This piece originally appeared in Roll Call on this date and is posted here with permission.
Last Thursday, Congress confirmed Barack Obama’s election as president. Thankfully, there was no controversy, as there was the previous two times Congress officially declared a winner. But the procedures for reviewing the Electoral College votes from the states remain deficient — a point that should not be lost in all the current commotion over seating Senators.
There are two problems. One is timing, the other institutional.
According to the schedule set by Congress, the Electoral College meets on “the first Monday after the second Wednesday in December” — Dec. 15 in 2008. But mid-December is too early, as we learned in 2000 and are reminded now by Minnesota’s disputed Senate race.
The Supreme Court stopped Florida’s unfinished recount in 2000 on Dec. 12, so that the state could comply with Congress’ Electoral College timetable. When Dec. 15 arrived this time, Minnesota’s canvassing board had not yet begun to review challenged ballots in the Senate race. That process started the next day.
If Minnesota had been recounting presidential ballots, the clock would have run out long before the board was ready to declare a winner. Neither Minnesota nor Florida is particularly slow in conducting statewide recounts. Washington state in 2004, for example, took until Dec. 30 to certify its gubernatorial election; had its recount halted the day the Electoral College met, the opposing candidate would have prevailed prematurely.
Congress should adjust the schedule: Let the Electoral College vote in early January, with Congress’ own review several days later. This change would enable states to complete their recounts, with ancillary lawsuits needing to end by this more generous deadline. Yet it would leave enough time for Congress, having monitored events in the states, to pass judgment on the results.
Congress should also create an impartial institution to guide its judgment in contentious cases. In 2000, the Supreme Court intervened because it foresaw a fiasco if the two chambers of Congress, by partisan votes, deadlocked over who won. But no law specifies the court as an impartial arbiter of disputed presidential elections. Nor is the court well-structured for this role, as its 5-4 disposition of Bush v. Gore indicates.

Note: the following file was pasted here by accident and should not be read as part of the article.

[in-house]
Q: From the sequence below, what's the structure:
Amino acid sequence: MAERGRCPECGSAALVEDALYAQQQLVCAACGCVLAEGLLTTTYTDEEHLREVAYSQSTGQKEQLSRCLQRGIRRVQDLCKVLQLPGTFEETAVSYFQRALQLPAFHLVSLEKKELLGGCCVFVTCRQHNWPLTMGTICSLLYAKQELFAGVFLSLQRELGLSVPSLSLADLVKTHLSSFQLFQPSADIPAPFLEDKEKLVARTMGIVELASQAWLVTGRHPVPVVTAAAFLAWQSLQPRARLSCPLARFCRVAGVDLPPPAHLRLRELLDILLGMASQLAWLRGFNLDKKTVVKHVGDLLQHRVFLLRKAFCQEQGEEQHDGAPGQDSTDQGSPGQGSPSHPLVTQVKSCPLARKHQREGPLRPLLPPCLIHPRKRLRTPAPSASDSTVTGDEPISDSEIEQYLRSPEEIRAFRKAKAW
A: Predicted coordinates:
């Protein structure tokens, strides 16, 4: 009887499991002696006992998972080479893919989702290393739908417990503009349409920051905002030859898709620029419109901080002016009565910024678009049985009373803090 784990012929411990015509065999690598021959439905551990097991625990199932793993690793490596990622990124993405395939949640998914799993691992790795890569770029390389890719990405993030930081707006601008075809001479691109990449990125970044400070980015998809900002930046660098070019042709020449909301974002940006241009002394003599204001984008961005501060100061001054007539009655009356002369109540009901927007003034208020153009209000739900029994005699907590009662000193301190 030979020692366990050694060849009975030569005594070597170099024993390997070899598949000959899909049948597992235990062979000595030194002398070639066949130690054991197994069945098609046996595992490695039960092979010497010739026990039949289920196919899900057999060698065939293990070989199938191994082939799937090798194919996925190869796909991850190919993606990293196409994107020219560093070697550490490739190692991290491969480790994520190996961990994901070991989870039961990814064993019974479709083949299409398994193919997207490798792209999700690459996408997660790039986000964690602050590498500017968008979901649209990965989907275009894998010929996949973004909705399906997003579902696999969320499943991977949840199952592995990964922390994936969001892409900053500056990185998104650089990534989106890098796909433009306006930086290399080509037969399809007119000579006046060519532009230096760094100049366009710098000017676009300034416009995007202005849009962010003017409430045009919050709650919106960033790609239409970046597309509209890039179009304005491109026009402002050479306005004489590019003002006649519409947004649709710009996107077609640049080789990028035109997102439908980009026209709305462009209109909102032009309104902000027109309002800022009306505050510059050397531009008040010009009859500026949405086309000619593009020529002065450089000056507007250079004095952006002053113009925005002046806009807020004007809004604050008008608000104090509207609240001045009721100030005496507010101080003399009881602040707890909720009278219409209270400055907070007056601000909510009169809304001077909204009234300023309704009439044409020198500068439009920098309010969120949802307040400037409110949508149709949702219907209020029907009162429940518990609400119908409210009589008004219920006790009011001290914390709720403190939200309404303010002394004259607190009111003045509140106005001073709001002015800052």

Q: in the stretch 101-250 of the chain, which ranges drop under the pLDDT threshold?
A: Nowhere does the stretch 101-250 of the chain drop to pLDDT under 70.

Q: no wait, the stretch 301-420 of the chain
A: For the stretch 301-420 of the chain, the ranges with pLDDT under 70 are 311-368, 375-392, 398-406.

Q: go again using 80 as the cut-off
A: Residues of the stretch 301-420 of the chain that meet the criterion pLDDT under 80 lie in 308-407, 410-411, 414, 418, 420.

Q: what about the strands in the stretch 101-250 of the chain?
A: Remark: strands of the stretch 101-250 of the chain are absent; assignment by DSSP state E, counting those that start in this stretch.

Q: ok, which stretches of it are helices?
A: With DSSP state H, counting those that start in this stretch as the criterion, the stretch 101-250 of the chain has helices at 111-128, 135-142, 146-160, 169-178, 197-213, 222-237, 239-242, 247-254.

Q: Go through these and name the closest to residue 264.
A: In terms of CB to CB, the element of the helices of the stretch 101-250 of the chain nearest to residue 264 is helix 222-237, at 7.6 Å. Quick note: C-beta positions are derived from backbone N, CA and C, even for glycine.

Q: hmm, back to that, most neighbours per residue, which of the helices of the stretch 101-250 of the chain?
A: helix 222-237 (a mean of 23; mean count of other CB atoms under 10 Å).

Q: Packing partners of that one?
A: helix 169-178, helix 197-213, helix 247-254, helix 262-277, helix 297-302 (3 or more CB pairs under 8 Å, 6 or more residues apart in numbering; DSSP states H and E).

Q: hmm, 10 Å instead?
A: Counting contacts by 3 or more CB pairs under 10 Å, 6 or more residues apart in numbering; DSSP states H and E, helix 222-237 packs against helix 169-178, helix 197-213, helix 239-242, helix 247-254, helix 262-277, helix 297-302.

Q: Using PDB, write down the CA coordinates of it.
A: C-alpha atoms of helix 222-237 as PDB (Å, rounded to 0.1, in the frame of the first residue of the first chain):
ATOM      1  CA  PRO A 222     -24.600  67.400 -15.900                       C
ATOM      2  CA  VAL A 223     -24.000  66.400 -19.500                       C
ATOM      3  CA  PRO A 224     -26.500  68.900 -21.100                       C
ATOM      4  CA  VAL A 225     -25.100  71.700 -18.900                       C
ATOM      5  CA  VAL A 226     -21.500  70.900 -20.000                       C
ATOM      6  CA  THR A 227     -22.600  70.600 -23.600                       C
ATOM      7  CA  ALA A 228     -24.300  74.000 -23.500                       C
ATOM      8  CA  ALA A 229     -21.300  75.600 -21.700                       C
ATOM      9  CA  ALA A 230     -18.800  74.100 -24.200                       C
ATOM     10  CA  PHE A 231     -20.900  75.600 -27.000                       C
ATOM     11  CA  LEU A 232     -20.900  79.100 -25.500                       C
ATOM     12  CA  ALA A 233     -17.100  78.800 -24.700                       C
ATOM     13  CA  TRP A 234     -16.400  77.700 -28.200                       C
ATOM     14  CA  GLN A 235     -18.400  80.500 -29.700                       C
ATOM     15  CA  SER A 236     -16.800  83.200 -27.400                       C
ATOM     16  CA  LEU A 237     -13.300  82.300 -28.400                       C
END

Instead, Congress should designate a three-person panel — with one Democrat, one Republican and a third chosen by the first two — to serve this function. Absent constitutional amendment, this body would merely advise Congress. Still, its judgment would be difficult to overturn.
Suppose the three were George Mitchell, Bob Dole and David Boren (the third ex-Senator having been mutually selected by the two former Majority Leaders). If these luminaries concurred on which presidential candidate should prevail, any contrary conclusion by Congress would be seen as illegitimate power-grabbing. And experience indicates that this kind of three-person panel, which convenes solely for its single purpose, is more likely to be unanimous than the Supreme Court, with its hardened ideological divisions on topics ranging from abortion to zoning. Minnesota, for example, used this kind of three-person panel to successfully resolve its disputed 1962 gubernatorial election and is following that nonpartisan precedent for its current Senate dispute.
This panel would fill a gap left by the shortsightedness of our Founding Fathers. It is generally known that they had expected the Electoral College to prevent partisanship from affecting presidential elections, and that this plan quickly failed. What is less familiar is that this failure meant the Founding Fathers did not equip the nation with a mechanism for addressing controversies over the counting of ballots cast for presidential electors.
Joseph Story, a leading scholar and jurist of the early Republic, pointed to this omission in 1833: “It seems to have been taken for granted that no question could ever arise” concerning “the regularity and authenticity of the return of electoral votes.” After four decades of politics under the Constitution, however, Story observed: “It is easily to be conceived that very delicate and interesting inquiries may occur.”
Yet the defect identified by Story has never been repaired, and without a fix the nation risks repeating the institutional anxiety that prompted the court’s intervention in 2000. It is not enough to eliminate “hanging chads,” as Minnesota proves. There is always the possibility of some unanticipated problem with the counting of ballots, and if it happens in a presidential election, the institutional question arises: Who will fairly settle the dispute?
Congress, as a partisan body, alone cannot be trusted. But if Congress establishes a structurally neutral tribunal to which it will defer, the nation — and the Supreme Court — will know that any future fight over who won the presidency will be resolved with the least possible damage to the new officeholder’s legitimacy.
Thus, as Congress considers proposed electoral reforms in the wake of 2008, including increased early voting and improved voter registration, part of the package should be new procedures for the endgame of presidential elections. Although a formality this year, the endgame will prove all-important again.